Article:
This Day in History – October 11, 2001

The Polaroid Corporation files for federal bankruptcy protection

By Christine Boynton, Commentary Co-Editor

A picture’s worth a thousand words. If that’s the case, it’s a good thing I don’t print out my digital pictures–with a ratio of one thousand to one, I’d be completely overwhelmed.

Fewer and fewer people I know use film-based cameras more often than digitals. In fact, when I came across my old analog camera, long forgotten in a desk drawer, I had to dig through a layer of cassette tapes, floppy disks, and a Mission: Impossible VHS. Wow, remember when Tom Cruise was sane?

Though it’s arguably easier to use, convenient to review pictures, and boasts impressive storage abilities, the age of digital cameras feels like the end of an era. I don’t usually take the time to print out my pictures. Instead they get uploaded, and stored in a folder on my desktop. If they’re lucky, a select few make their way into Facebook albums.

I have a bookshelf lined with photo albums, once chronicling major life events: summer camp, holidays and a long string of disastrous family vacations. They stop abruptly sometime in the late 90’s, which is where my computer’s photo folders pick up.

This isn’t to say that scrapbooks and photo albums are totally a thing of the past. I do know several people who should be earning frequent crafter points from Michaels. The scrapbooking sections normally need restocking after they return from vacation. The point is, we no longer need to print out those photos to showcase our memories.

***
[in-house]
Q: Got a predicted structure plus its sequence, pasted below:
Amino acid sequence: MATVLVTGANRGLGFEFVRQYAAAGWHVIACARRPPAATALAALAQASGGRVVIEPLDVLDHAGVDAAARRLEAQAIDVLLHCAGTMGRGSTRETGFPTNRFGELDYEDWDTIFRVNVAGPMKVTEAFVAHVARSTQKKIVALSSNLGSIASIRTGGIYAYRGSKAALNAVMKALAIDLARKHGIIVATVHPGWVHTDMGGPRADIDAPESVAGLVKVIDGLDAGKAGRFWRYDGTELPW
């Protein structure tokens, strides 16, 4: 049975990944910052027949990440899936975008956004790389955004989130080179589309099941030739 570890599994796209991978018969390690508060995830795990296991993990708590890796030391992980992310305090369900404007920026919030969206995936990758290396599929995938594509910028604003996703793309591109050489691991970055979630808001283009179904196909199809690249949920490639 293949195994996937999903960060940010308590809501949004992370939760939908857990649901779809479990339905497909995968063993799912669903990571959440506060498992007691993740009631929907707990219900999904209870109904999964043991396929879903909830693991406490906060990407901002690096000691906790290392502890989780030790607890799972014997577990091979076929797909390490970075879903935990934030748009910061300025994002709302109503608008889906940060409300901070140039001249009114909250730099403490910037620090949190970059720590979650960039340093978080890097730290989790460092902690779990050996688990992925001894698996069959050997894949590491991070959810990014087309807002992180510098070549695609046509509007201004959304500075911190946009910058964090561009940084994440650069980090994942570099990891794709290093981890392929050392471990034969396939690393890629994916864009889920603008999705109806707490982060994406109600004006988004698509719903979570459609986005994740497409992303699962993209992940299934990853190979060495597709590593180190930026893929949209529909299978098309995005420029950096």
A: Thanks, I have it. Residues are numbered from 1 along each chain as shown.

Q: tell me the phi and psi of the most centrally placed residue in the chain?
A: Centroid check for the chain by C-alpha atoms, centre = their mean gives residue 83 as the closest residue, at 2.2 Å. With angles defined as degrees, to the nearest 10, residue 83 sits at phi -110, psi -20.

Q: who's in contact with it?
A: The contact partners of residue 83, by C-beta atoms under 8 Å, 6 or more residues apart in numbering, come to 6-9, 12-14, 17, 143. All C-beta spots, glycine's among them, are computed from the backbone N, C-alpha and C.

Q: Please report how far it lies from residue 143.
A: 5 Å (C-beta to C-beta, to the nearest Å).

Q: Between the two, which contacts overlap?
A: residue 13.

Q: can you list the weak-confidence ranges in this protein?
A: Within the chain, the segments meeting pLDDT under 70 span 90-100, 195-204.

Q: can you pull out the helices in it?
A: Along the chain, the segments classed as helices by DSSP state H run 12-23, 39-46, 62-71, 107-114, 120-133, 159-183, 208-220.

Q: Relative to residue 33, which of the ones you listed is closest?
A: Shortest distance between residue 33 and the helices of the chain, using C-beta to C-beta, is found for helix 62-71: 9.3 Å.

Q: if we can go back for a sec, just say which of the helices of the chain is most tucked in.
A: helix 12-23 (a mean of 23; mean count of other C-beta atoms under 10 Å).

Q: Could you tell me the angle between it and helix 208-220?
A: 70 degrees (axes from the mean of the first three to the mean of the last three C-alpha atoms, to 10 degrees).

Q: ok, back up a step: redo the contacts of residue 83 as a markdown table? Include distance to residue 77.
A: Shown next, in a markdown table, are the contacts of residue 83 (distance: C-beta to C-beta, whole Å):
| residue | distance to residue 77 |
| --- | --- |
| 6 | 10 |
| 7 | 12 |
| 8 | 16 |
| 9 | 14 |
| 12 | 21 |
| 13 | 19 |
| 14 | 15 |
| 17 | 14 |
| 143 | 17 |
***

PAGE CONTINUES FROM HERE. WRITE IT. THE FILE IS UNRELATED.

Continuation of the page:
As a young child, I remember flipping through the photo albums in our living room. My parents would show me pictures of the relatives I hadn’t ever met, pictures of me as an infant, and pictures that proved they had once been young victims of 80s fashion. Looking back on this, I feel a pang of sentimentality.

I once asked my mother what material possession she’d try to save, in the event of a house fire. She didn’t even have to think-the photo albums. Well, cyberspace isn’t in any immediate danger of going up in smoke, but will our Shutterfly, Snapfish, and DotPhoto albums be treasured possessions in the way the albums are for our parents?

In 20 years, sitting in our own living rooms, will we be lovingly uploading photos from the past to show the next generation?

I know that it’s up to me to quell this technological guilt. So maybe I’ll make a conscious effort to print out a few pictures, possibly put together an album or two. It’s time to start physically preserving memories of days gone by.

But for now, maybe I’ll just put them on Facebook.